In truth, I expected more from a PhD. Footnotes and citation, documentation and proof. It's been a while since I've touched this book, and there was some good information in it (mostly more examples of the more obvious puns). Some of her connections seemed more like wishful thinking than actual intended or proven double meanings.

An "okay" read, but in the end, disappointing, especially as much as I love Shakespeare.

Nicole Craswell
Definitely entertaining but I have to say a lot of the translations seem like they're reaching in the "filthy" aspects. Random references to sex and genitals are added in seemingly arbitrarily.

It's a fun thing to have and mildly interesting if you like Shakespeare but I don't think it's anything to take too seriously.
i can't believe i read this. it's a combinaton of utter genius & complete crap...but i can't decide which one is the right one.
This really is a 3.5 in my world. Shakespeare was a talented writer, we all know this, but we tend to forget to read the layers. We also lose a lot of understanding because we forget that certain words meant different things back then. Shakespeare's plays entertained audience of varying wealth and class standings, so not only did he have to keep the rich entertained with elevated writing but he had to entertain those in the pits with in jokes and hilarity. Everyone laughs, whether aloud or no, a ...more
This book is SO not PG. The bard was a bawd...this book was almost uncomfortable to read as I thought about how many times I've read Shakespeare, either by myself or with schoolchildren for god's sake, and never realized how freaking dirty everything is. Seemingly innocent phrases like "There is something rotten in the state of Denmark" is not nearly that innocent (basically, Denmark is a syphilitic turd). In an era where syphilis was rampant, prostitution was at every corner, and everyone under ...more
I will never read Shakespeare the same way; I wish I had this book to reference when I took my Shakespeare class as an undergraduate, as I might have read the plays more closely.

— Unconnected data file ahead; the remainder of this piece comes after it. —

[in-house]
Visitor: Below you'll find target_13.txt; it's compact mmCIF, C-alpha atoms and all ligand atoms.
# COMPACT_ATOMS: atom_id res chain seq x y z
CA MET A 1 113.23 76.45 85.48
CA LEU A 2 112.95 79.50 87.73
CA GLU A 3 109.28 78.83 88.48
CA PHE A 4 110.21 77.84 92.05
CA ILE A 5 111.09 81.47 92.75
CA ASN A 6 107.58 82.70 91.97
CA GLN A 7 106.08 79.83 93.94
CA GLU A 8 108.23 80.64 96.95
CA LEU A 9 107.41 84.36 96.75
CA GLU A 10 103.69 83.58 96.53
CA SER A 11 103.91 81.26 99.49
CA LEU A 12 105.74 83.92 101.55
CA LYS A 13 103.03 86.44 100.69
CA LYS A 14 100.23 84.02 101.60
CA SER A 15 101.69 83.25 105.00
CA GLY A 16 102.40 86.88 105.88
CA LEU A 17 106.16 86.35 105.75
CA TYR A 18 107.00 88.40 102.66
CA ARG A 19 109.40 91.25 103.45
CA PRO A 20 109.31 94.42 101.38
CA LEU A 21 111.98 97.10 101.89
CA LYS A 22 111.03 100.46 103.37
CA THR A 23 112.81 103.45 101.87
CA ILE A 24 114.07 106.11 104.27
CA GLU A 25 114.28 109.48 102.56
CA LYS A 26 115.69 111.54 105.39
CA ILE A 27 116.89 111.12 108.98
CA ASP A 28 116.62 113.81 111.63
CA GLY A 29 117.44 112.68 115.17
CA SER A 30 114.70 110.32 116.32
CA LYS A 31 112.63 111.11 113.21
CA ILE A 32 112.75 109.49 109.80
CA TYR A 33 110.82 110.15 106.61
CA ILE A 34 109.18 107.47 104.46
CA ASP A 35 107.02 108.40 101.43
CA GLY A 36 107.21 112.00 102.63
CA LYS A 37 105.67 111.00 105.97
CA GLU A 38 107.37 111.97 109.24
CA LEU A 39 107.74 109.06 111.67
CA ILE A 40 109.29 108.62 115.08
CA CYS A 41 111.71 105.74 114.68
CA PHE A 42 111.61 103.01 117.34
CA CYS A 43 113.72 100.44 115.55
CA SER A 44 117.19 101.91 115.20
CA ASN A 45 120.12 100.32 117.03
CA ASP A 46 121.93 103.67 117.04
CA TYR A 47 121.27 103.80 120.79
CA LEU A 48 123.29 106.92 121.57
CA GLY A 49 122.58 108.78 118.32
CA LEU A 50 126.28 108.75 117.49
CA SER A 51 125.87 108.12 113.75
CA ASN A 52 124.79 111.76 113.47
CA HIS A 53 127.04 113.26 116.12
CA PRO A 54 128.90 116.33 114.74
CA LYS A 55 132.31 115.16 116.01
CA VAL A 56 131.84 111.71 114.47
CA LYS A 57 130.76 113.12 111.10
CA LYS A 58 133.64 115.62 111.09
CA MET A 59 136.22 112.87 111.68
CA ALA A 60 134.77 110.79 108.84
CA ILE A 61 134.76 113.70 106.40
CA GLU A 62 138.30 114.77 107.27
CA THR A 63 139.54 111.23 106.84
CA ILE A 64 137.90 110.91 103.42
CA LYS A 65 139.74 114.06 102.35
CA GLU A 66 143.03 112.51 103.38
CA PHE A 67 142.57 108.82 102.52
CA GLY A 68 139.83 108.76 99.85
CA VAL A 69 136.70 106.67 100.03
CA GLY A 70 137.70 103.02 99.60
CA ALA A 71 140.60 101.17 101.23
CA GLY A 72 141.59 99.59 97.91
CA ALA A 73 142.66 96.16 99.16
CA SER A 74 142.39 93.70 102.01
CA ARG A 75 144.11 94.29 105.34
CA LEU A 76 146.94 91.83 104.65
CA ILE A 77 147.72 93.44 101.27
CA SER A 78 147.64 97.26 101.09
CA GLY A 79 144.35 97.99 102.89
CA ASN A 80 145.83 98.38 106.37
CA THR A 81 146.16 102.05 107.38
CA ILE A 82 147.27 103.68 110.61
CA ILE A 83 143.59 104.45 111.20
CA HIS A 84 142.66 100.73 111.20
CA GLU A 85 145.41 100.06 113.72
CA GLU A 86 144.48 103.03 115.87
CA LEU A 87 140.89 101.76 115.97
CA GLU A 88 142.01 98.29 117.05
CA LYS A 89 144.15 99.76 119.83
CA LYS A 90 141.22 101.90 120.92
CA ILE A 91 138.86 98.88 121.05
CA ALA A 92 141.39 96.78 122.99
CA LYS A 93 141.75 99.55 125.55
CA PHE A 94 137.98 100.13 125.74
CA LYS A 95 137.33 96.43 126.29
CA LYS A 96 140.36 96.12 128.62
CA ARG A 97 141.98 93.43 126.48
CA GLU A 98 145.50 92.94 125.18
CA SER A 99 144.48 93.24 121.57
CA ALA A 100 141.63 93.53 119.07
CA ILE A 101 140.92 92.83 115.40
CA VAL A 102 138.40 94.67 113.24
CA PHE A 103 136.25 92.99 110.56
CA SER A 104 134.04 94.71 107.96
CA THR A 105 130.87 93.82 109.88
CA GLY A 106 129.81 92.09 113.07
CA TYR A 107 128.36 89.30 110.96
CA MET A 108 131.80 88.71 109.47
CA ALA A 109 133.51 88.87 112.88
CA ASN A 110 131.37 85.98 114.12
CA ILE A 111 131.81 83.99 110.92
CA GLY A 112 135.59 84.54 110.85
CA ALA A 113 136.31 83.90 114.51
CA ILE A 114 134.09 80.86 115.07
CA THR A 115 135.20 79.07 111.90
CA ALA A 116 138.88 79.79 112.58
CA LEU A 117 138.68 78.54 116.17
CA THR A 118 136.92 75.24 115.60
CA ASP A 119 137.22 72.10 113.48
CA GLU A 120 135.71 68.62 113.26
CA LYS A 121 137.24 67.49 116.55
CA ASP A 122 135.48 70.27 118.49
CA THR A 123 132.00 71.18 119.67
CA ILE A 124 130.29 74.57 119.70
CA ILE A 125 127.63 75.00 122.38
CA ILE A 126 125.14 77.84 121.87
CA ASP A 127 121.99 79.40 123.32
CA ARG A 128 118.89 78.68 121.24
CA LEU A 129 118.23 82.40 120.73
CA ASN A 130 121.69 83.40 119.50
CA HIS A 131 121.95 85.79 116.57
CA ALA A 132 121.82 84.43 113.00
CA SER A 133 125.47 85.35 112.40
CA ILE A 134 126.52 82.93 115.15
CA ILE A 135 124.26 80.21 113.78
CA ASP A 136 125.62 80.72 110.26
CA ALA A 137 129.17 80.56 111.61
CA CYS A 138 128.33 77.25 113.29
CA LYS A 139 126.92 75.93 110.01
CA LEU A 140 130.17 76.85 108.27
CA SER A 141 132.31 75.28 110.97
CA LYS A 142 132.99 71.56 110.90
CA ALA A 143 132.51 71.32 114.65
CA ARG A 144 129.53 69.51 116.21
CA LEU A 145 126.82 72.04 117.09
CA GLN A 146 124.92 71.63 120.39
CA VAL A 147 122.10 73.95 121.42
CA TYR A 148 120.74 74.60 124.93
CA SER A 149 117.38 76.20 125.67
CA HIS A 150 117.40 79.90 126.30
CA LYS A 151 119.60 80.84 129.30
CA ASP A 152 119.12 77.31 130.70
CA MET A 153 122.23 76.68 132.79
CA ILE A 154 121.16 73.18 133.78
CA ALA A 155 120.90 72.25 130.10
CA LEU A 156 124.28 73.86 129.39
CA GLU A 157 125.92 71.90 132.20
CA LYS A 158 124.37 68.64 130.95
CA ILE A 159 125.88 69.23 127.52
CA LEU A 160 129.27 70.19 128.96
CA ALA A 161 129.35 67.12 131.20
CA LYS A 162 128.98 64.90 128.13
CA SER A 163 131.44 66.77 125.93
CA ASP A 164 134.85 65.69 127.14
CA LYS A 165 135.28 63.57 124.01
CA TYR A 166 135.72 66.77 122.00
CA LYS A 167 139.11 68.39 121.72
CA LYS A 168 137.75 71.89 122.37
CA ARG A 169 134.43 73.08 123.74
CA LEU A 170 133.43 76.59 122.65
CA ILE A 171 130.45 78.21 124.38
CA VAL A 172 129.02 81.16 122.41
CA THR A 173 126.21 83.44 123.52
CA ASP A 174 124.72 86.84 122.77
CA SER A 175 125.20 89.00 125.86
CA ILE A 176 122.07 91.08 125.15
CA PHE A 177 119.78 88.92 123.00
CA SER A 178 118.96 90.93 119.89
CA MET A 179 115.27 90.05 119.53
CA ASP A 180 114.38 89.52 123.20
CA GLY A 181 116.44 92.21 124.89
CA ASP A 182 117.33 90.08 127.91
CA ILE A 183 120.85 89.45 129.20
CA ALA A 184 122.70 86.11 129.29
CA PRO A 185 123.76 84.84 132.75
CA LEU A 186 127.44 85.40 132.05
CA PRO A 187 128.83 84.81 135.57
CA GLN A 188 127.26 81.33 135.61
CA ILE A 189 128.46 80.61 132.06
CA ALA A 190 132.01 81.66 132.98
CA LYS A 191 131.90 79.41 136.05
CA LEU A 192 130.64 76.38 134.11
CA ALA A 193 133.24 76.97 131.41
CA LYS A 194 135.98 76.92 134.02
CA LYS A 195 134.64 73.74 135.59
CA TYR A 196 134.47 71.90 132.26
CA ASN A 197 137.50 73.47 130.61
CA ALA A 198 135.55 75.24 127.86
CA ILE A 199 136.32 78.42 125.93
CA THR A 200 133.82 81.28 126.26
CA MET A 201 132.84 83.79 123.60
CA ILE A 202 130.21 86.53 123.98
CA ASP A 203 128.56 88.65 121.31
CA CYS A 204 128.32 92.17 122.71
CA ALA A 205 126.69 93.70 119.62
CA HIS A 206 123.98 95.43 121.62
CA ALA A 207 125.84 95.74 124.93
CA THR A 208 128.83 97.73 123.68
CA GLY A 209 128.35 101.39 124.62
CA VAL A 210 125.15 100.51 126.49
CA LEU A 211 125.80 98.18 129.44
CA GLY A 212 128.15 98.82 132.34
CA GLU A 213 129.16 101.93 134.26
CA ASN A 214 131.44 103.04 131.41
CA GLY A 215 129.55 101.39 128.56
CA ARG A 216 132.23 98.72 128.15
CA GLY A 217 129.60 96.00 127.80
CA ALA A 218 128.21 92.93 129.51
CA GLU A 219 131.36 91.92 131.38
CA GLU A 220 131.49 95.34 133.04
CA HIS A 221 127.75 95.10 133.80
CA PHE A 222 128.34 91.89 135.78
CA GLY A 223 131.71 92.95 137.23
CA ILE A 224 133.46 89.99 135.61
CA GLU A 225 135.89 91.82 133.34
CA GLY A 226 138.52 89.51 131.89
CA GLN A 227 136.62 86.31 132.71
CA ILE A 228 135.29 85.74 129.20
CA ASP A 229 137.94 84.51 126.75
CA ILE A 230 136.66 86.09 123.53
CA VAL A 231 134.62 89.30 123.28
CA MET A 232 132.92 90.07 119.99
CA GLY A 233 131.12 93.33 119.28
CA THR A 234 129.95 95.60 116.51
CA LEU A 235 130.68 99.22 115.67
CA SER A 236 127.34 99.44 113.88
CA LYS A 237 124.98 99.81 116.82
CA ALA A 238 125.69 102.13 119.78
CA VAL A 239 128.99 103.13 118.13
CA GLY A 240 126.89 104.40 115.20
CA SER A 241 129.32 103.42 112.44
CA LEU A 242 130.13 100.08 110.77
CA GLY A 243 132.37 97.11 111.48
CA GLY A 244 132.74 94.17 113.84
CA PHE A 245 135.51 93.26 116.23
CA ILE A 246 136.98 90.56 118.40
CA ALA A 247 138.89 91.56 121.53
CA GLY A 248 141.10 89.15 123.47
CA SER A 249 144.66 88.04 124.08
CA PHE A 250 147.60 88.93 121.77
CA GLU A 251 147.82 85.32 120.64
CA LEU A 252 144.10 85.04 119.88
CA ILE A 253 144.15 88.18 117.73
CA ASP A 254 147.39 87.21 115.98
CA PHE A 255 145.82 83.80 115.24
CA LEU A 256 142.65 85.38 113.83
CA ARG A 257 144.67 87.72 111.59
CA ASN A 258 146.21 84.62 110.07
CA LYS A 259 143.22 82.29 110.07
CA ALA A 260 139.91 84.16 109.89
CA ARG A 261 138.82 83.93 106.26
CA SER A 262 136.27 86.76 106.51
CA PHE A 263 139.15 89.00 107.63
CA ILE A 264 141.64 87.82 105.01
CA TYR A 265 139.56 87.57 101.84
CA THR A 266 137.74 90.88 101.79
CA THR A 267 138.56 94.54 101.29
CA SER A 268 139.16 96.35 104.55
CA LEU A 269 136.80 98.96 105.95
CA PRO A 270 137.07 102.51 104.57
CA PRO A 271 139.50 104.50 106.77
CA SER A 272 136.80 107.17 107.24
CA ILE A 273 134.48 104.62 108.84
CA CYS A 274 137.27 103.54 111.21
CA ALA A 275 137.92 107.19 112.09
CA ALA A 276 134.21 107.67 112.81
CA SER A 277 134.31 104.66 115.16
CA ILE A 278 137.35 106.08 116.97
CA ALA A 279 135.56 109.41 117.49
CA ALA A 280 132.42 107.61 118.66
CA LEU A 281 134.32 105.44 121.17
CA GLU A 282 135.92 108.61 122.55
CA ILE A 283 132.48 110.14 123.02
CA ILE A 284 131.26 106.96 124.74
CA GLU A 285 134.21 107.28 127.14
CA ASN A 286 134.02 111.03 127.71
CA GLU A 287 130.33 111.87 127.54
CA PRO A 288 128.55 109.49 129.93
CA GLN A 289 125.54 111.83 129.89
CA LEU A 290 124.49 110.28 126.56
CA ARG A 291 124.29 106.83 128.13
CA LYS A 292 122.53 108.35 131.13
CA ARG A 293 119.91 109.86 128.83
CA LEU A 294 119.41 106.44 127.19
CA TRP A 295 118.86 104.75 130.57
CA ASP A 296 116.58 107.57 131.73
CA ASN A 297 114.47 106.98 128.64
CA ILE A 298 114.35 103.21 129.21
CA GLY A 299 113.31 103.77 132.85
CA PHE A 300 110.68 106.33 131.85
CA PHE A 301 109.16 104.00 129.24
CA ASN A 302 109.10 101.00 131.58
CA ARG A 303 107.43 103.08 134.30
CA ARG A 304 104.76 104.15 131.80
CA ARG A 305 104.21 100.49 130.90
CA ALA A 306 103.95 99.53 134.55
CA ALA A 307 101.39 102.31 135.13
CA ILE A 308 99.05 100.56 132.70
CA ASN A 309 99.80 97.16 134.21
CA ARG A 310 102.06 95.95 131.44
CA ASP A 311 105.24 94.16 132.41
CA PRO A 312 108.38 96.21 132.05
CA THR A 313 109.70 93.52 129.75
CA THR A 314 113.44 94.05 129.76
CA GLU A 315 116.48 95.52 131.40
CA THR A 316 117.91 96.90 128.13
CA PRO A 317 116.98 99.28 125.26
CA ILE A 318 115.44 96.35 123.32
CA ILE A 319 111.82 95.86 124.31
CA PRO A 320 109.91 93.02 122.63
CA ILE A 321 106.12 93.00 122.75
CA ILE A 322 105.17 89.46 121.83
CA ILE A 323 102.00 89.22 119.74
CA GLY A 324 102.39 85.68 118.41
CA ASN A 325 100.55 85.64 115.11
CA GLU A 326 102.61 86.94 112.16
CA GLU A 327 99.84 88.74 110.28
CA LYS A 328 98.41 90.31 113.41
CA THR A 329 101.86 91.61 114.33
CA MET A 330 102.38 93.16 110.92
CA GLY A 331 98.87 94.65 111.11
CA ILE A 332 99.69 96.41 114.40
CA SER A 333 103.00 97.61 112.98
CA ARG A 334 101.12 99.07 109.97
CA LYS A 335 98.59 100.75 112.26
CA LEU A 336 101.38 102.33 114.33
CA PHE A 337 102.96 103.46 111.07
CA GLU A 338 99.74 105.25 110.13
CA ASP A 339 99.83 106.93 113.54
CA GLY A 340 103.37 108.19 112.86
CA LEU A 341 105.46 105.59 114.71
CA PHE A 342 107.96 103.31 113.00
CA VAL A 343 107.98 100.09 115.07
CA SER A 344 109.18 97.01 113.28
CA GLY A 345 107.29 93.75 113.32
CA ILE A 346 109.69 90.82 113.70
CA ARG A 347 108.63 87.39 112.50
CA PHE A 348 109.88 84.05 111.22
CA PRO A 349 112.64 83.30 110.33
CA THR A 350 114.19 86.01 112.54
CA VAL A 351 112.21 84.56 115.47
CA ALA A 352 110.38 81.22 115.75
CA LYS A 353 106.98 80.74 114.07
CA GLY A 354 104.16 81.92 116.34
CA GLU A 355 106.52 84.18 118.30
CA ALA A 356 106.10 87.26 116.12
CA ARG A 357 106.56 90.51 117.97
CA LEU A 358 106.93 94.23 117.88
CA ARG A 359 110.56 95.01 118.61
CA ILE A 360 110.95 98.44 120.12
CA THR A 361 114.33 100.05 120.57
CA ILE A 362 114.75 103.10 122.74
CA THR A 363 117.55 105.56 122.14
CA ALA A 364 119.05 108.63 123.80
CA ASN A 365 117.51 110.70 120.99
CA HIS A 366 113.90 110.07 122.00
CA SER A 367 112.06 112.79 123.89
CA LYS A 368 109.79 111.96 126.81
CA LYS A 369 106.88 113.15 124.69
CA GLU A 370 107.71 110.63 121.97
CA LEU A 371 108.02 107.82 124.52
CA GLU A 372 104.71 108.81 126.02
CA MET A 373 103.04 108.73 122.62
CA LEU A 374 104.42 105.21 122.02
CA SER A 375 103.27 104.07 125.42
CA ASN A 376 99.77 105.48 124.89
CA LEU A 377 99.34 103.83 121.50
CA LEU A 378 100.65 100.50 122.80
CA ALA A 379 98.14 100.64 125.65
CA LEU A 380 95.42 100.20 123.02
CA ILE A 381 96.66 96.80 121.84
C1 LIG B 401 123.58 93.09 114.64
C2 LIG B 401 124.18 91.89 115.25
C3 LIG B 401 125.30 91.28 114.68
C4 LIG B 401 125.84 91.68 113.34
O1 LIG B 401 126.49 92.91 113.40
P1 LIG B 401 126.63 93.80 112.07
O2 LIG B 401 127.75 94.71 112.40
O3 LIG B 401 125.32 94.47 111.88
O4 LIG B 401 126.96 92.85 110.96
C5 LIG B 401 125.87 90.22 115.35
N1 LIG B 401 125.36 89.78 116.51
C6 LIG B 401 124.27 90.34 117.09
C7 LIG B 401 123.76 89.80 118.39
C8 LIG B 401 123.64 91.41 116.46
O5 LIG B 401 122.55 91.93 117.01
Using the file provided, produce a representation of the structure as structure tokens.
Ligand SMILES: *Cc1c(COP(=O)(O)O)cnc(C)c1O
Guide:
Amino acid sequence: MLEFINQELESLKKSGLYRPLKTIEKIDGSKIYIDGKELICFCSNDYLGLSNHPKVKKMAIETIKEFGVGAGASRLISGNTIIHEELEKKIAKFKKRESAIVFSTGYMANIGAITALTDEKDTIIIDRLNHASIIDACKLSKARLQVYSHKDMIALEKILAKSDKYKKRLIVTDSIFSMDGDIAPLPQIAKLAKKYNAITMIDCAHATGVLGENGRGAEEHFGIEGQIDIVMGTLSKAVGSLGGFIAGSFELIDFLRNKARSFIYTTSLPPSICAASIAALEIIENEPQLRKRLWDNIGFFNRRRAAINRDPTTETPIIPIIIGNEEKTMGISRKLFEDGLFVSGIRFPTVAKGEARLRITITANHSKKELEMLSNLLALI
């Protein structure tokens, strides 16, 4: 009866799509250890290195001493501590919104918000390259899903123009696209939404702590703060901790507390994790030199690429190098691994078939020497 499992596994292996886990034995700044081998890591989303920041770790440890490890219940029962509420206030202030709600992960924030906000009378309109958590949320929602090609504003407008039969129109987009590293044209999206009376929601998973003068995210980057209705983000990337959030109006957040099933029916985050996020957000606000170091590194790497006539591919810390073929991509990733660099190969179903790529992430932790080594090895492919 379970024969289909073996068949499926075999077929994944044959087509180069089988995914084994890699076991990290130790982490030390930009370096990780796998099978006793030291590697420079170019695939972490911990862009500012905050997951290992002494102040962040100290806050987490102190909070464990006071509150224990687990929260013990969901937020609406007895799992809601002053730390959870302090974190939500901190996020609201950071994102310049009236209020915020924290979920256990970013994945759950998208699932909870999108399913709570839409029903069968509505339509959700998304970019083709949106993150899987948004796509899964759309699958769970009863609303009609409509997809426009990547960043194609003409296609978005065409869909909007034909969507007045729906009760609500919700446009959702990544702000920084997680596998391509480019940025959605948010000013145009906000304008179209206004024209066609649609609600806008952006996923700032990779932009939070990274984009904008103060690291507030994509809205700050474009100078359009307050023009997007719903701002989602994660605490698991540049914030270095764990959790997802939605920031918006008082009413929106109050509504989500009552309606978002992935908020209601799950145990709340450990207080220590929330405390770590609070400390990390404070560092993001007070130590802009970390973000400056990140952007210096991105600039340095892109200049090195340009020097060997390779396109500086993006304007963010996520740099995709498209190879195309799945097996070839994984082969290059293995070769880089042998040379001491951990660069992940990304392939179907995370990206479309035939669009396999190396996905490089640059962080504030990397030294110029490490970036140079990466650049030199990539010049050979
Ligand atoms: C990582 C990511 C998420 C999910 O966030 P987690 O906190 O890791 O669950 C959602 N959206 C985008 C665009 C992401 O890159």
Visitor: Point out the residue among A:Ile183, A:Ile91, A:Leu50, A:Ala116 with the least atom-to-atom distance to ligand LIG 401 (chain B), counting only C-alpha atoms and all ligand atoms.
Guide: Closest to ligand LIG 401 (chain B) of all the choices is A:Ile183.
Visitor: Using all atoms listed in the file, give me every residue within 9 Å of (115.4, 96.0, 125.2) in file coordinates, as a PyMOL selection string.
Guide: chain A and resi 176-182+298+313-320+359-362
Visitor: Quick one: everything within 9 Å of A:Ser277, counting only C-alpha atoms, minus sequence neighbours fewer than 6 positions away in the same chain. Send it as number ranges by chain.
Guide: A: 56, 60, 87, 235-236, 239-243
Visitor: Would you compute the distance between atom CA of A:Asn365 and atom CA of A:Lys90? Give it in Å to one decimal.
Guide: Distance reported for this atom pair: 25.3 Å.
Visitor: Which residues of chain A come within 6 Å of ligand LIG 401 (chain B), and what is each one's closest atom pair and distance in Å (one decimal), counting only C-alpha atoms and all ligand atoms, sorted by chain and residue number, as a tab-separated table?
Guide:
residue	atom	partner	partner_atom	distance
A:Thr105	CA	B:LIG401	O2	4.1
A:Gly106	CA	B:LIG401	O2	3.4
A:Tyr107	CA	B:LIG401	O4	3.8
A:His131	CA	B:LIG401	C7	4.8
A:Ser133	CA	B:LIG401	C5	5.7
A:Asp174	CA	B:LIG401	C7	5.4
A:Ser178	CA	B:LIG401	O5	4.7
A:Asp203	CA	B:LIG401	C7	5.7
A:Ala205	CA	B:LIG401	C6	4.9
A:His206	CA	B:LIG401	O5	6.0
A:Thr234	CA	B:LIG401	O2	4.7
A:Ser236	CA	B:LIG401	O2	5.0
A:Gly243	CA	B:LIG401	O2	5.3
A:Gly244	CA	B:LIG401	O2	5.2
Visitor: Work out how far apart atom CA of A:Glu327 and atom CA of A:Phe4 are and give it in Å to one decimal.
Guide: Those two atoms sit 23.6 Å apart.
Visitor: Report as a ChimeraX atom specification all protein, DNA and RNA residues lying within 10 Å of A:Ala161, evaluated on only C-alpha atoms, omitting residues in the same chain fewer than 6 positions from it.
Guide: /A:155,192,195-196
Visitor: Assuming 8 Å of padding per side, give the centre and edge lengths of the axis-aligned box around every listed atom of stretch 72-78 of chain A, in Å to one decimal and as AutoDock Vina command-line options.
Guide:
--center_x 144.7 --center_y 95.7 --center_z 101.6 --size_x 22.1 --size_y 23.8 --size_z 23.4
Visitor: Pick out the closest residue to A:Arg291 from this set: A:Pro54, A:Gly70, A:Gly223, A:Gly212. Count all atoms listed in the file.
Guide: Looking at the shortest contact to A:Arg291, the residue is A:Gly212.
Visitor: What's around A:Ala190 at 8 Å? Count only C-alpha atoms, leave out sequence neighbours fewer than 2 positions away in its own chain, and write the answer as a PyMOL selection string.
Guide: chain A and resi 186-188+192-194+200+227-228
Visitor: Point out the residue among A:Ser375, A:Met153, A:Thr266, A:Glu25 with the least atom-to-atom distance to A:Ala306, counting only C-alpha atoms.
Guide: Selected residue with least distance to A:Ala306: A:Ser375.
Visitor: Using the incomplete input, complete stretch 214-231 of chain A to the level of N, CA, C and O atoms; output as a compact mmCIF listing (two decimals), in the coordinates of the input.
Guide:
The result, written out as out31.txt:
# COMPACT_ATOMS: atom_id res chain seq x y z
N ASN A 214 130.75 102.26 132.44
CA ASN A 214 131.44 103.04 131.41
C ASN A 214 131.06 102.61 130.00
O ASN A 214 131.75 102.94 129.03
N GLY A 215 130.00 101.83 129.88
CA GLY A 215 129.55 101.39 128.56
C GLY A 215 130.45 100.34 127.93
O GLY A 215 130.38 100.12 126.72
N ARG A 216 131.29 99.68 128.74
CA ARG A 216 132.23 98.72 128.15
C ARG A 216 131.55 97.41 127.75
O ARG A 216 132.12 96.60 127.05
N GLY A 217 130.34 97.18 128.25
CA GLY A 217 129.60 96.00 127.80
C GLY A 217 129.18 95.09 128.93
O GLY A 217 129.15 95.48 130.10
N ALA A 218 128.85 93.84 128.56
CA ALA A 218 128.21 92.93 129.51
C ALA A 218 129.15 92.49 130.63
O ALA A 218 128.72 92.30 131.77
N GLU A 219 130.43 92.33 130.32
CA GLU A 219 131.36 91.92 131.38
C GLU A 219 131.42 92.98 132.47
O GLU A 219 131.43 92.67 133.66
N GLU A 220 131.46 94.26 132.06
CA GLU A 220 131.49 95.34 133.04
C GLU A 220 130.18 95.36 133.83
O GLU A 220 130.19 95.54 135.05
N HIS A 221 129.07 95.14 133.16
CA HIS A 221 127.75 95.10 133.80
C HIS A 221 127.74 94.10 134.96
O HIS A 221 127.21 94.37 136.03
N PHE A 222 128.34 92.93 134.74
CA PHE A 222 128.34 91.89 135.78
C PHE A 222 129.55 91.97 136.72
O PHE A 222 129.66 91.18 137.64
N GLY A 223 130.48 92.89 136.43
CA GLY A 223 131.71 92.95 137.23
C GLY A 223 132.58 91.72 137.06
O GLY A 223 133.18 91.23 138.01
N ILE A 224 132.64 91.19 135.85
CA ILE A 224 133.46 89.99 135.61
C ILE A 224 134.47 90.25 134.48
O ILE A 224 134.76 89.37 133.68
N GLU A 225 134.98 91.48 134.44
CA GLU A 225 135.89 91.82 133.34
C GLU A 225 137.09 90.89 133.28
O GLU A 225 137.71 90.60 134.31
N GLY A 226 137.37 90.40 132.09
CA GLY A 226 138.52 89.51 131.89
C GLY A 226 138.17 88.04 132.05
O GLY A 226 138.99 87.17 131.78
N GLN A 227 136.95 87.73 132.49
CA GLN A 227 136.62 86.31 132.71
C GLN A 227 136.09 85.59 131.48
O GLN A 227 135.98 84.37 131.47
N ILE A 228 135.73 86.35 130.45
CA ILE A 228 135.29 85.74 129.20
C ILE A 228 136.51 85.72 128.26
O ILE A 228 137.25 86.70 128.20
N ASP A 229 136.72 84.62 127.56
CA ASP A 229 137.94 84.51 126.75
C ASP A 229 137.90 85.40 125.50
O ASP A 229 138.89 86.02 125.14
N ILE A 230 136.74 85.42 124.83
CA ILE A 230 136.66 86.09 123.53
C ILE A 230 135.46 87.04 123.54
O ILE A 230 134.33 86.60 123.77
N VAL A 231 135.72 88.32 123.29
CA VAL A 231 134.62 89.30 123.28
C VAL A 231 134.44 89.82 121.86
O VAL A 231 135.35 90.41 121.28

This book certainly is not for the faint of heart, since Kiernan's translations are literal so as to be understandable (so not using archaic clinical terms but ones with which we're familiar). It also, on the other hand, is not comprehensive, since Kiernan writes that whole books can be written on just the use of double-
As it turns out, every single word that Shakespeare wrote is a sexual pun. Not just a sexual pun, but a coarse jape designed to make third-graders snigger. Or so it might seem after you've read Filthy Shakespeare, Pauline Kiernan's lively and learned selection of some of Shakespeare's best, most obscure, or misunderstood dirty passages. You'll rarely have a chance to read such a collection of obscenity with such high purpose; this is definitely the kind of book you want to leave open on a kitche ...more
Jayna Lascaibar
Yes, if you are a student of Shakespeare you should read this. Although, many of the puns may be Kiernan digging, and her explanations would need further support in any academic setting, it is overall important to consider the various nuances of language in Shakespeare's body of work. That being said, sometimes lips are just lips and not labial folds, and sometimes the double entendre is not there at all. Additionally, though many scenes may be homoerotic if read through that lens, it is still p ...more
Jul 17, 2015 Kerra added it
Shelves: non-fiction
I think I just learned more about Shakespeare then I ever wanted to know. I can't believe I read it (even though I didnt even read all of it) I mean, (thankfully I didnt buy it) but come on! I guess bad language should have been expected, but this was just full of it. I've only read two books by Shakespeare in my high school English classes (Romeo and Juliet and The Merchant of Venice; both really great by the way) so I was mainly just going to check out the ones about those two books (Ahhh Merc ...more